Now the situation is looking downright grim. The State of Texas faces a budget shortfall of no less than $15 billion, a number so large that it doesn’t even seem real. People who study these things have calculated that you could close every prison in the state and still not close the gap. Every prison in Texas, y’all! And you know how we love us some prisons.
Of course, this spells trouble for school districts across the state. Here in Austin, the school district is looking down the barrel of a budget gap of $100 million. They’re talking layoffs of hundreds of employees. They’re talking school closures, and not just for poorly performing-schools. In short, they’re talking about major reductions in one of the most important government funded services in existence, reductions which have absolutely nothing to do with the quality of said service. Even schools that are doing a lot of things right are on the chopping block.
While I know there are amazing innovations happening quietly in classrooms all over the city, the ones we’ve been hearing the most about lately are being done with scissors and red ink. Cut, cut, slash.
I love that line, and he’s right. The most “amazing innovations” do seem to be in new ways to screw public education. It’s like the Kama Sutra of school-budget-slashing.
I was hoping to respond to his post a little earlier, but I didn’t get to in part because I was finishing a feature—in the new issue of Time Magazine, but not yet available online—about the very similar fecklessness of Arizona’s politics. That state faces a $2.1 billion deficit, which isn’t surprising or particularly unusual. What is unusual is the pledge of most of the leading politicians not to raise taxes no matter what.
This has left, of course, cuts, some of them truly ugly. In the educational arena alone, college counseling has been cut, dropout prevention programs slashed. All-day kindergarten is a thing of the past (just think what that does to working families, who suddenly have to pick up a child hours earlier each day, with no extra support for child care). All of this hitting a school system that was already one of the poorest-performing in the nation. It got ugly enough that the voters of Arizona actually went to the polls last year to raise taxes on themselves in order to fund education. For anyone familiar with California’s proposition system, the idea that the public would make mature decisions—the kind of tough choices their leaders are too afraid to make—at the ballot box is pretty stunning.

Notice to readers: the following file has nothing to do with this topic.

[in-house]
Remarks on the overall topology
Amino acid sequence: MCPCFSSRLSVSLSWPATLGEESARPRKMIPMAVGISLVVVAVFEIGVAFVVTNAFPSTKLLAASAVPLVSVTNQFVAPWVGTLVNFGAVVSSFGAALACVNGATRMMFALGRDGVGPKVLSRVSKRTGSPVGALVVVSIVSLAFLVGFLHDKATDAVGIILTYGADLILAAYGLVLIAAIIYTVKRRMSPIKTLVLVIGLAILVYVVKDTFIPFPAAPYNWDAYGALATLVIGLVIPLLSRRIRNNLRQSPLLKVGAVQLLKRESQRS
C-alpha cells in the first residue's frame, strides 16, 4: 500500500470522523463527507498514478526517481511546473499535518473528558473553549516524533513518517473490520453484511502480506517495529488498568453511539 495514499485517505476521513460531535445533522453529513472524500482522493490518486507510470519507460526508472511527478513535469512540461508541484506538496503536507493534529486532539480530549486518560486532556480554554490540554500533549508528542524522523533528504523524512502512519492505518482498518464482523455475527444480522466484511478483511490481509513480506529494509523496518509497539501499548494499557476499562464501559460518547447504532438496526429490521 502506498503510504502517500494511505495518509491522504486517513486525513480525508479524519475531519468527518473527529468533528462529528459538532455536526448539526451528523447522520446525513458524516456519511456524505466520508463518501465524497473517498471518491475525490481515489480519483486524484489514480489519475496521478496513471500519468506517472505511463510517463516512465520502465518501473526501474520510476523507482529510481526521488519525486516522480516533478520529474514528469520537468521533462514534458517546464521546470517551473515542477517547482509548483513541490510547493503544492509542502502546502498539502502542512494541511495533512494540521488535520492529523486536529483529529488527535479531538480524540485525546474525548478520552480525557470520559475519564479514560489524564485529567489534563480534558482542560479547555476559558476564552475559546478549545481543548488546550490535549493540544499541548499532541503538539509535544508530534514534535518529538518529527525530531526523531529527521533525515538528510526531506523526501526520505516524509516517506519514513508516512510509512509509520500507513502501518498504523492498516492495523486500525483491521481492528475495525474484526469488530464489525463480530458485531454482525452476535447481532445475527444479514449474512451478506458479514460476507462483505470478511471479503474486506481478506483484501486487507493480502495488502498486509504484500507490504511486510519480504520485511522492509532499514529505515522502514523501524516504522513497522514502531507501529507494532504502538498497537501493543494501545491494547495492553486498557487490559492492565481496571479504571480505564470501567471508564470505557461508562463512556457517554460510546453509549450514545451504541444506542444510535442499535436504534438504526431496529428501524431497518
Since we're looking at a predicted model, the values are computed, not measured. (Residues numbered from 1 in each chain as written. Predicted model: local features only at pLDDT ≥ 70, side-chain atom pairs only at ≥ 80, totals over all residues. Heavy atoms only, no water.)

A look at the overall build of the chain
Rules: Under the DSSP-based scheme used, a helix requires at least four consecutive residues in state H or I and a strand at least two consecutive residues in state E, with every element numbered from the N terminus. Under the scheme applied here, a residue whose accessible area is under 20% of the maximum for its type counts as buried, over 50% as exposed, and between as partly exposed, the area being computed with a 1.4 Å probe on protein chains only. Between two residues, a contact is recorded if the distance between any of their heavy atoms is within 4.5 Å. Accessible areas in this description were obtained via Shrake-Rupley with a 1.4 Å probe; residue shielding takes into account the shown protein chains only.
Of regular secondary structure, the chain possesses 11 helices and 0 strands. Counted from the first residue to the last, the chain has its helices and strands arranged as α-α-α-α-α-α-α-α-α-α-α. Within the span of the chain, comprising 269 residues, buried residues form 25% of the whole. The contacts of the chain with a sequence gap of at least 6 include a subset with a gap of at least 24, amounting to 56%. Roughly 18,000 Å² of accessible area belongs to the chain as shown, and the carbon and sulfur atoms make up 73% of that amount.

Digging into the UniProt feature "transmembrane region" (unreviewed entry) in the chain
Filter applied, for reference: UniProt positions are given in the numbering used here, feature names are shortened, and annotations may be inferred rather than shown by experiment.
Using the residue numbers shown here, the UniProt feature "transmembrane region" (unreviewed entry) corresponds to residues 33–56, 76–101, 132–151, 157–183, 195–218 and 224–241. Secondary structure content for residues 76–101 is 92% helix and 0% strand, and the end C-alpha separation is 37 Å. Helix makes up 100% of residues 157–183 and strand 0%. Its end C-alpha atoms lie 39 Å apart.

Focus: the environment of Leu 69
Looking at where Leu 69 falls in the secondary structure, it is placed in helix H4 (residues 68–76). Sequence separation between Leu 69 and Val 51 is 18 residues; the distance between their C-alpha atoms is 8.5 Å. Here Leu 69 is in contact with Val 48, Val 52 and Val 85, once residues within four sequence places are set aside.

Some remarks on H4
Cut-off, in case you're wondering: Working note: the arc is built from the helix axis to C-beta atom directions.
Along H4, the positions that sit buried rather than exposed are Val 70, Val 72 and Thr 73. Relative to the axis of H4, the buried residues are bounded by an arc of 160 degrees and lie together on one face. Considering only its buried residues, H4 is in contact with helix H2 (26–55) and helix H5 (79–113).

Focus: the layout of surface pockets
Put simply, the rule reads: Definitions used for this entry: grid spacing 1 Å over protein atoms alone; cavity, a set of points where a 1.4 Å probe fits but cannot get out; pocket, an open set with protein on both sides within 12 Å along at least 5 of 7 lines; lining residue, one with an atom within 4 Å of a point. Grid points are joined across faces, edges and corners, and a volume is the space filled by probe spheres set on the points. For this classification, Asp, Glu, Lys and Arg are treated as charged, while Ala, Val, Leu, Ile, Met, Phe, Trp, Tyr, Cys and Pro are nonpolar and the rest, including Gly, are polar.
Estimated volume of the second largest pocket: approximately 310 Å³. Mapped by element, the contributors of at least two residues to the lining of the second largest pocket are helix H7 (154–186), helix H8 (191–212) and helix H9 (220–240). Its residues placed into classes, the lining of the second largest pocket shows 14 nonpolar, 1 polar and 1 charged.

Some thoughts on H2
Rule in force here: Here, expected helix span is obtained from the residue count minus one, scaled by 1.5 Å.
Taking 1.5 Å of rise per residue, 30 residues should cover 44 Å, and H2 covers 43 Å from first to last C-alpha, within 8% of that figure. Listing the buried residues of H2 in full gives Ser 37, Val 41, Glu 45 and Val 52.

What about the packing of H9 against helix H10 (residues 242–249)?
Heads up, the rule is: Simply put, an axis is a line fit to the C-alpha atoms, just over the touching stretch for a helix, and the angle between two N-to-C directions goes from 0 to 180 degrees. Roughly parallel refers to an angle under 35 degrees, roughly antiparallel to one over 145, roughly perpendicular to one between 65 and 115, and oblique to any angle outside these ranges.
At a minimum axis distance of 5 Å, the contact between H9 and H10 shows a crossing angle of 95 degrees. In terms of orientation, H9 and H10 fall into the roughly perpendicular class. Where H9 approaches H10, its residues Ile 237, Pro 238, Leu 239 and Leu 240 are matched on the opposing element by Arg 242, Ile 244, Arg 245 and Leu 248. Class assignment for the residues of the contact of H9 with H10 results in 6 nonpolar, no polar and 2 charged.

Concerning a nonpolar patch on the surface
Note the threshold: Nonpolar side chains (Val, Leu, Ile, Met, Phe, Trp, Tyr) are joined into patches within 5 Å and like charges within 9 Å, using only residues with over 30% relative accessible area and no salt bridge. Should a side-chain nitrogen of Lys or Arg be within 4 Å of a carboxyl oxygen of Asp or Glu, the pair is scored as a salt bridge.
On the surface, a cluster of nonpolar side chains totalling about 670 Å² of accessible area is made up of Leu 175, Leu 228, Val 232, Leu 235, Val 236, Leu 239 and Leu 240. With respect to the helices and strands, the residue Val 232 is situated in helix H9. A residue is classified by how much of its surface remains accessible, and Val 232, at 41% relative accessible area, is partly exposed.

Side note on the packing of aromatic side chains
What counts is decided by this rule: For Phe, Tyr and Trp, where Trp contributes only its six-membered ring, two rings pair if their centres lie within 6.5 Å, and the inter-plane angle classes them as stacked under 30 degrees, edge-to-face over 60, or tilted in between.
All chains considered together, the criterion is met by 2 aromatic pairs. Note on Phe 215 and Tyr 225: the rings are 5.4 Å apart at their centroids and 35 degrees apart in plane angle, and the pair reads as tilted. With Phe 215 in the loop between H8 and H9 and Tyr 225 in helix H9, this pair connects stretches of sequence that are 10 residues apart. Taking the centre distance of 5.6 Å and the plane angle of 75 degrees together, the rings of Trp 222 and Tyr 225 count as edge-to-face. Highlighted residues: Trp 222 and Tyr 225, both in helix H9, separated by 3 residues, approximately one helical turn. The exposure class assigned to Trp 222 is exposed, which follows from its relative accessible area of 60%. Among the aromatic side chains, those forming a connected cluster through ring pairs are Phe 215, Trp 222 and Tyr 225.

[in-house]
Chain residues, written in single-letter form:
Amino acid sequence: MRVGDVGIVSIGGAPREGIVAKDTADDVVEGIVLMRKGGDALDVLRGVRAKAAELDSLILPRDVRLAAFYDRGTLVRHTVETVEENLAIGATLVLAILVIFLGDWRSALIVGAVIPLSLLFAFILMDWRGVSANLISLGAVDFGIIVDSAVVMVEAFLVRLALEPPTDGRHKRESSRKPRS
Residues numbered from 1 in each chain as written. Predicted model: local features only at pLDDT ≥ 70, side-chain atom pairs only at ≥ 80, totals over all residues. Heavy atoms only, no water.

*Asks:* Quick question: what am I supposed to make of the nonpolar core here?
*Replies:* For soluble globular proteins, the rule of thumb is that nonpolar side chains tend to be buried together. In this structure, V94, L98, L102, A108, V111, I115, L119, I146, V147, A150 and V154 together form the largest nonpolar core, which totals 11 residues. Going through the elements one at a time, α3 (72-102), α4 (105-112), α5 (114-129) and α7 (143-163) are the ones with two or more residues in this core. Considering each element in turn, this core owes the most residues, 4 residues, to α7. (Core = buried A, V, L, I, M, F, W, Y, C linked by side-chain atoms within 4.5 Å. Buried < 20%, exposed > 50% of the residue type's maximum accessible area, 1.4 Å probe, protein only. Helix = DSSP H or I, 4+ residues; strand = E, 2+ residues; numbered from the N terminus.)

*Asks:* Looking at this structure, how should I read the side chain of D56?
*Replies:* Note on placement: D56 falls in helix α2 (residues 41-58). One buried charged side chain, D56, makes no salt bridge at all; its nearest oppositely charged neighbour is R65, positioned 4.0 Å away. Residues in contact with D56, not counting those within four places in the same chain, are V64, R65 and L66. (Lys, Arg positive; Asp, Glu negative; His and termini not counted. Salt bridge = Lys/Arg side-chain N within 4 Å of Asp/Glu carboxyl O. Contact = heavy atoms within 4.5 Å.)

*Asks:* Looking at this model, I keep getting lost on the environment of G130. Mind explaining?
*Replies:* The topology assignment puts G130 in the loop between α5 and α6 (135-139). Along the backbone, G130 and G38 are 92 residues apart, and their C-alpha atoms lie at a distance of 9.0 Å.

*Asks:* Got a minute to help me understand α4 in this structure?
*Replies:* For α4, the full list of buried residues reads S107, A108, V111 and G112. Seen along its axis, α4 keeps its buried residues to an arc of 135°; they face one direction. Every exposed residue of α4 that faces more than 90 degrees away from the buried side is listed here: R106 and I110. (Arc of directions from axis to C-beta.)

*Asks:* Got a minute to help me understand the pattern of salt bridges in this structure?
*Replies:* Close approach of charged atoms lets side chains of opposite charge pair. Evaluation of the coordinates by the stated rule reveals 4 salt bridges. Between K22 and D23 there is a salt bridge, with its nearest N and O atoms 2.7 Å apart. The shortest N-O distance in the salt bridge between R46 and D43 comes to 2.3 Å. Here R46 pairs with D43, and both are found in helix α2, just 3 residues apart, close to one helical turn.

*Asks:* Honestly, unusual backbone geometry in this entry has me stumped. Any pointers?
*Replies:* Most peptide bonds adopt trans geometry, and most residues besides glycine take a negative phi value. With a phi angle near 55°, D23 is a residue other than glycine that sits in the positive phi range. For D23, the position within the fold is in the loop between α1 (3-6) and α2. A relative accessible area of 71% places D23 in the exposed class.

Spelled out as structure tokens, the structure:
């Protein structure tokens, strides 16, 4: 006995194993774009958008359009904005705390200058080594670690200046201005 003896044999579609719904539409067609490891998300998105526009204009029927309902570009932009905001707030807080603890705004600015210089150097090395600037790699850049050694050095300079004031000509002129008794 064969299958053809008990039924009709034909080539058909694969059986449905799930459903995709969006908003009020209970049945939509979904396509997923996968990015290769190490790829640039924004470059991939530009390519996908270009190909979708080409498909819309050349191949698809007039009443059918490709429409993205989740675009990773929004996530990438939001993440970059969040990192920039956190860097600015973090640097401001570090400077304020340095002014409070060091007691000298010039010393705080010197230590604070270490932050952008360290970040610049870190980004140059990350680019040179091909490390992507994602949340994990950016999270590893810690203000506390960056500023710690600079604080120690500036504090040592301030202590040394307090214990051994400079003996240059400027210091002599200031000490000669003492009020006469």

One education program hasn’t been touched, however: a program that gives income-tax breaks to any family who sends their kid to private school. That’s right: wealthy families who were sending their kids to private school anyway get a tax break for it, which means less money for the state’s general fund, and, by extension, for public schools.
I appreciate holding public schools accountable. And I am no Randi Weingarten acolyte. But one big problem with the education debate these days is that it is often very hard to tell who is in favor of shaping up the public school system and who just wants to blow it up.
While I was reporting on that piece, I was getting a very different bit of news back home. Having been stymied in our attempts to enroll Dalia in public pre-K last year (as we’ve talked about here before, Universal Pre-K is not quite Universal if there isn’t money for enough seats), we had to send her to private pre-K this year. It actually worked out great—we love the school, the teachers, the parents, the administration. The price tag was manageable, in part because we were given help by the school. But while I was working on the Arizona reporting, we got word that, if we were going to try to enroll our son in preschool, there wouldn’t be any financial aid. And tuition, in a delightfully countercyclical fashion, has gone up yet again. The price tag: $31,000 for preschool, almost three times what we paid this year for our daughter.
$31,000 for preschool.
I know–it’s a private school in Manhattan, a town that somehow still has obscene firehoses of wealth that wash away the rest of us. And we are thrilled to be sending our daughter to public kindergarten next year (although there was a waitlist at our zoned elementary last year). But where does that leave our younger kid? He’s a preschooler. He wants school, he’s ready for it. We can’t afford a fulltime babysitter much longer, so we’re ready for a school for him, too. But there’s no public option, except for the low-income families who are under the very needed umbrella of New York’s Administration for Child Services.
We found a Montessori school that seems to have less usurious rates. I hope it takes him in. But I have a feeling that throughout this city, this state, and this country, there are a lot of families going through different versions of this: how do we find the money to be able to work and have our kids looked after and educated? I suspect things will work out over here, after a little hustling. And most people probably patch together solutions. But as our own individual little dramas solve themselves, it’s still worth asking: why don’t we solve all of them once and for all? Recognize that families are facing impossible decisions. Make early childhood education a priority. Make it available, affordable. I’ll pay more taxes if that’s what it takes. Beats the hell out of paying $31,000.